An amino-pendent Phos-tag ligand attached to a hydrophilic 15-atom spacer, N-[3-(2-[2-(3-aminopropoxy) ethoxy]ethoxy)propyl]-6-([(3-[bis(pyridin-2-ylmethyl)amino]-2-hydroxypropyl)(pyridin-2-ylmethyl)amino]methyl)nicotinamide, was synthesized as described previously [12] . A solution of Dabcyl NHS ester (185 mg, 0.50 mmol) in CHCl3 (5 ml) was added to a solution of the amino-pendent Phos-tag ligand (0.35 g, 0.50 mmol) in CHCl3 (5 ml) at room temperature and allowed to react. The mixture was then stirred gently for 24 h at room temperature. CHCl3 (50 ml) was added, and the solution was washed with distilled water (2 × 50 mL). The CHCl3 layer was separated, dried (Na2SO4), and concentrated. The residue was purified by column chromatography [silica gel (NH-DM1020), CHCl3-MeOH (50:1)] to give the Dabcyl-labeled Phos-tag ligand, 6-{[{3-[bis(pyridin- 2-ylmethyl)amino]-2-hydroxypropyl}(pyridin-2-ylmethyl)amino]methyl}-N-[15-(4-{(E)-[4-(dimethylamino)phenyl]diazenyl}phenyl)-15-oxo-4,7,10-trioxa-14-azapentadec-1-yl]nicotinamide, as a dark-red viscous solid; yield: 0.40 g (0.42 mmol, 84%). TLC (CHCl3-MeOH = 25:1): Rf = 0.59 (one spot). IR (KCl): 3320 (br), 2950, 2866, 1643, 1600, 1547, 1521, 1478, 1422, 1365, 1311, 1251, 1138, 946, 861, 823, 761, 664 cm1. 1H NMR (500 MHz, CDCl3): δ = 1.80 - 1.89 (m, 4H, OCCH2CN), 2.23 (br s, 1H, OH), 2.54 - 2.69 (m, 4H, NCH2CCH2N), 3.09 (s, 6H, CH3), 3.49 - 3.63 (m, 16H, CONCH2C, OCH2C), 3.80 - 3.91 (m, 8H, PyCH2), 3.91 - 3.98 (m, 1H, NCCHCN), 6.74 (d, 2H, J = 9.2 Hz, ArH), 7.08 - 7.12 (m, 3H, PyH), 7.31 - 7.36 (m, 4H, PyH, CONH), 7.38 (br s, 1H, CONH), 7.44 (d, J = 7.9 Hz, 1H, PyH), 7.53 - 7.59 (m, 3H, PyH), 7.82 (d, J = 8.5 Hz, 2H, ArH), 7.86 (d, J = 9.2 Hz, 2H, ArH), 7.90 (d, J = 8.5 Hz, 2H, ArH), 8.04 (dd, J = 7.9 and 2.1 Hz, 1H, PyH), 8.47 - 8.50 (m, 3H, PyH), 8.88 (d, J = 2.1 Hz, 1H, PyH). 13C NMR (125 MHz, CDCl3): δ = 28.7, 28.8, 38.9, 39.0, 40.2 (CH3), 59.0, 60.7 (PyC), 60.8 (PyC), 67.2 (COH), 70.10, 70.15, 70.3, 70.5, 70.6, 111.4, 121.96, 122.00, 122.04, 122.6, 123.0, 125.3, 127.9, 128.7, 134.9, 135.5, 136.4, 143.6, 147.3, 148.89, 148.93, 152.7, 154.8, 159.2, 159.3, 162.5, 165.3 (CO), 166.8 (CO).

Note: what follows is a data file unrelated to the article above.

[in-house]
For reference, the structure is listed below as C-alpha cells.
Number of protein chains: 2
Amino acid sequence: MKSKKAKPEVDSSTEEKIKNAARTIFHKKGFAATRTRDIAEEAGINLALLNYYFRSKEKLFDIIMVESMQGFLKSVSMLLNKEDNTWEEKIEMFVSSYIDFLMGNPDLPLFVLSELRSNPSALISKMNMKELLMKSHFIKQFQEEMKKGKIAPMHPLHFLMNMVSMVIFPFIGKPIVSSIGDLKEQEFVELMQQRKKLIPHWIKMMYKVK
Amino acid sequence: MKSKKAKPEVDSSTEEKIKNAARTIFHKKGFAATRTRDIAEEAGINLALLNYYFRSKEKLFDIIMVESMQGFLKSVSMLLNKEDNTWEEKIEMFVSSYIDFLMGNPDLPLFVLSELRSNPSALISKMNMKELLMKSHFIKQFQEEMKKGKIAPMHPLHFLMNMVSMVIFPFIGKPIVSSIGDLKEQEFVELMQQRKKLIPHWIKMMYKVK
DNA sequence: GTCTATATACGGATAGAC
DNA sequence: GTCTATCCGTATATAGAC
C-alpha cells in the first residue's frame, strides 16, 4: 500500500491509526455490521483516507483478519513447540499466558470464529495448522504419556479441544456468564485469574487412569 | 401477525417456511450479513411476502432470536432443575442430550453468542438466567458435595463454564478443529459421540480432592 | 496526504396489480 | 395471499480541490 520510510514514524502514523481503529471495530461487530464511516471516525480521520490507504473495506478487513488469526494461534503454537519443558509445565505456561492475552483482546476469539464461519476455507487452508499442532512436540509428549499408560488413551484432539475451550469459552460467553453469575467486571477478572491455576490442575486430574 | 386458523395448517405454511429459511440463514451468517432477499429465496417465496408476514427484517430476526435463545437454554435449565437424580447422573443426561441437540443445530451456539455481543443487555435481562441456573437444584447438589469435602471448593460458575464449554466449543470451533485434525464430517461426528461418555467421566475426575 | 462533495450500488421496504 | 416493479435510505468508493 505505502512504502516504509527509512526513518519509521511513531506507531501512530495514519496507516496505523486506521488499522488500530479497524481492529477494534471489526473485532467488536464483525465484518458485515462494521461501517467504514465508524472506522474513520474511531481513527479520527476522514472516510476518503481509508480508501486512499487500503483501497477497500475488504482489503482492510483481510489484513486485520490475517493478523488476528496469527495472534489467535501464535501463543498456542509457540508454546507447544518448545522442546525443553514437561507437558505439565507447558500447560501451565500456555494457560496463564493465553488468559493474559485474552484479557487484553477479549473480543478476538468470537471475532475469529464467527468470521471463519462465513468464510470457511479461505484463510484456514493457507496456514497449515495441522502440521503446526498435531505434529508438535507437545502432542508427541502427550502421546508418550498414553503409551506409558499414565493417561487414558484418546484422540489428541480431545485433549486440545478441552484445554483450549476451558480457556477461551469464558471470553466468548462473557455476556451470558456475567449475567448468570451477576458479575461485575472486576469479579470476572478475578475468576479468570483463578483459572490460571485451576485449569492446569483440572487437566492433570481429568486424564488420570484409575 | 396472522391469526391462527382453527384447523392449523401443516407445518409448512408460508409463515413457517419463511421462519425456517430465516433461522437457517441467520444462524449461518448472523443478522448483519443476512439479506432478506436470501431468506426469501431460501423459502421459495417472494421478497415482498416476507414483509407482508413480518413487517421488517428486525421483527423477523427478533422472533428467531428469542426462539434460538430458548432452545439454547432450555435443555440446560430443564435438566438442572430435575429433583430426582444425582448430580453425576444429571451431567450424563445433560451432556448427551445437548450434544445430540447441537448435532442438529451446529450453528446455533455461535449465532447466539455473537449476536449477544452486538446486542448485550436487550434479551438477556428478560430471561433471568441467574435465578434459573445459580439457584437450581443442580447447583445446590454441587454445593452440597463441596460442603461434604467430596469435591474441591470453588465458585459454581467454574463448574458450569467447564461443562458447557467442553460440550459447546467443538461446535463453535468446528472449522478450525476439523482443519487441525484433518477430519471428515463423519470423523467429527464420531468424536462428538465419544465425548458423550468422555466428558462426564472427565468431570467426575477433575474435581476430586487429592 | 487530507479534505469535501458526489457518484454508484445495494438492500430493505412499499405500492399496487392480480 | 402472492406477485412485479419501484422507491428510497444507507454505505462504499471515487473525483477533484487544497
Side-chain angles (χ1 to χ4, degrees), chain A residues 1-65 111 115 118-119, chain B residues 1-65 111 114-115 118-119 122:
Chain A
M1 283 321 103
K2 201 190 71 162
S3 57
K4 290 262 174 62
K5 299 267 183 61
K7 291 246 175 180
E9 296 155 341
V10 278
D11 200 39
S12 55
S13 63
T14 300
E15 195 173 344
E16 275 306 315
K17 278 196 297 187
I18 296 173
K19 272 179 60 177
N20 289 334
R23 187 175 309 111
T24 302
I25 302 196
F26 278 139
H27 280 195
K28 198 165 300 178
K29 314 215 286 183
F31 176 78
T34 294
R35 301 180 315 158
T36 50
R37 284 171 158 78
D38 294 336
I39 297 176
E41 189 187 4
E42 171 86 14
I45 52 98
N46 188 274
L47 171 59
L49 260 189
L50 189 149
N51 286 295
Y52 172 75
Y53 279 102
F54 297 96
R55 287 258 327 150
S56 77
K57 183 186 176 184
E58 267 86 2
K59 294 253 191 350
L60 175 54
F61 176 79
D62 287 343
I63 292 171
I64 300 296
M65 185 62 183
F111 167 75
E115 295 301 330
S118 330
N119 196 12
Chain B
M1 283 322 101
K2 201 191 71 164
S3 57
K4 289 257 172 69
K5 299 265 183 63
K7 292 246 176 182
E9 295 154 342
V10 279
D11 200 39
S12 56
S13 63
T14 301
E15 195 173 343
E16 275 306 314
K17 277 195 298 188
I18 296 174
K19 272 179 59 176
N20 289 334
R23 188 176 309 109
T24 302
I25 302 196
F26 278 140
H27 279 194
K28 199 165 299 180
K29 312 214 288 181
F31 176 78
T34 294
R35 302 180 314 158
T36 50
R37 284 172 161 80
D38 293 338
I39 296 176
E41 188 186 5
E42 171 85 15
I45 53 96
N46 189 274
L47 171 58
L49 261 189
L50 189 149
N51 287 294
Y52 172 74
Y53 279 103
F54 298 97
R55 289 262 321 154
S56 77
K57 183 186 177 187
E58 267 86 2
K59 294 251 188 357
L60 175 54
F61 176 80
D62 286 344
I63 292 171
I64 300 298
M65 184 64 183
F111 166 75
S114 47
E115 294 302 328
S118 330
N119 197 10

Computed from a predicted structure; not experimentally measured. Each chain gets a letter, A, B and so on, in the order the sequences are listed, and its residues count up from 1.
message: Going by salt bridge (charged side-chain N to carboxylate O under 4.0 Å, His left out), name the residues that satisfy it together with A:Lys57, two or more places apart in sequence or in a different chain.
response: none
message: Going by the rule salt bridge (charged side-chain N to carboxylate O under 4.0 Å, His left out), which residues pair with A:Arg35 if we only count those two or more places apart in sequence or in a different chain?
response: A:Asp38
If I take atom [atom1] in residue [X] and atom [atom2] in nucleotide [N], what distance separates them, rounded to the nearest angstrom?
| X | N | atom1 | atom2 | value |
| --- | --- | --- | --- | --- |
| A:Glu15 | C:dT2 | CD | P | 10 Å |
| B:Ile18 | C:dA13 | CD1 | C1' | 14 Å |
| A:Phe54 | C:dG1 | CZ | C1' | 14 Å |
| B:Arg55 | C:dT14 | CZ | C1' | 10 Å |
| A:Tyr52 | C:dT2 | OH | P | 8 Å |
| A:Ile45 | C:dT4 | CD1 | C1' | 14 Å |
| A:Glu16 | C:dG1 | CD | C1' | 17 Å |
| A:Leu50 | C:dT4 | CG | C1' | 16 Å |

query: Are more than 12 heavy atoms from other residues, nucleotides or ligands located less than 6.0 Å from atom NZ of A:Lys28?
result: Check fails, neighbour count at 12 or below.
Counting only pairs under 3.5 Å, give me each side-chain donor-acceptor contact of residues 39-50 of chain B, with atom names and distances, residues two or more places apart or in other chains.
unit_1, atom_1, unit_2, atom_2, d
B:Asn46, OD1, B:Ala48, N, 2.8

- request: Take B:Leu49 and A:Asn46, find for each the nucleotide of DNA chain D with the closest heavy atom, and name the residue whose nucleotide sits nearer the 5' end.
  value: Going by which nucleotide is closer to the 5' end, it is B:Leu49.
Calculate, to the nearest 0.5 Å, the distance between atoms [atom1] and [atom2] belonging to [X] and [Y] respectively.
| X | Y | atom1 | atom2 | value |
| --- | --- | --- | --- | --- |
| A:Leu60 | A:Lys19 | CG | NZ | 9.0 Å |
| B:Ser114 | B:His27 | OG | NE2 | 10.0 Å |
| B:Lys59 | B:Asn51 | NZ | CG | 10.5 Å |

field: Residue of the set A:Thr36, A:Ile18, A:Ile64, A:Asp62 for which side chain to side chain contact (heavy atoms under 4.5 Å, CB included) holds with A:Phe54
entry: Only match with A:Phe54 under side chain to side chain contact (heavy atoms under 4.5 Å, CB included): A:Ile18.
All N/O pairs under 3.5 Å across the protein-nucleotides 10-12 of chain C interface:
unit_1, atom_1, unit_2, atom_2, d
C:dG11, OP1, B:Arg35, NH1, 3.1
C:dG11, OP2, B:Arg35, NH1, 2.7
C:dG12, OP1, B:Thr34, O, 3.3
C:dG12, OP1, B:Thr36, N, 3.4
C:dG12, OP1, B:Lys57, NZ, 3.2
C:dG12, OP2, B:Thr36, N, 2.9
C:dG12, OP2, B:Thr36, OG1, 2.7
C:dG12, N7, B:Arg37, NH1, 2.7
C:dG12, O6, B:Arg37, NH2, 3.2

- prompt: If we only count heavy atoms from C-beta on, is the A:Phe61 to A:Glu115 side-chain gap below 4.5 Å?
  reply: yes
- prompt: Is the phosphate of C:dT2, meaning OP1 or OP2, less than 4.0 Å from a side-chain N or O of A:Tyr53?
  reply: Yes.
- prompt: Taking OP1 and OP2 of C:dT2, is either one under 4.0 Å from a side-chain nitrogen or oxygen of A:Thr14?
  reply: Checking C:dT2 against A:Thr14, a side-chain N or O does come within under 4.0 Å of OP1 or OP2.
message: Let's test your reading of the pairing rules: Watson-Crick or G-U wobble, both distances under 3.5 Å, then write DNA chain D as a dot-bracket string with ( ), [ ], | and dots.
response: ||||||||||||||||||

2.4. Fluorescence Analysis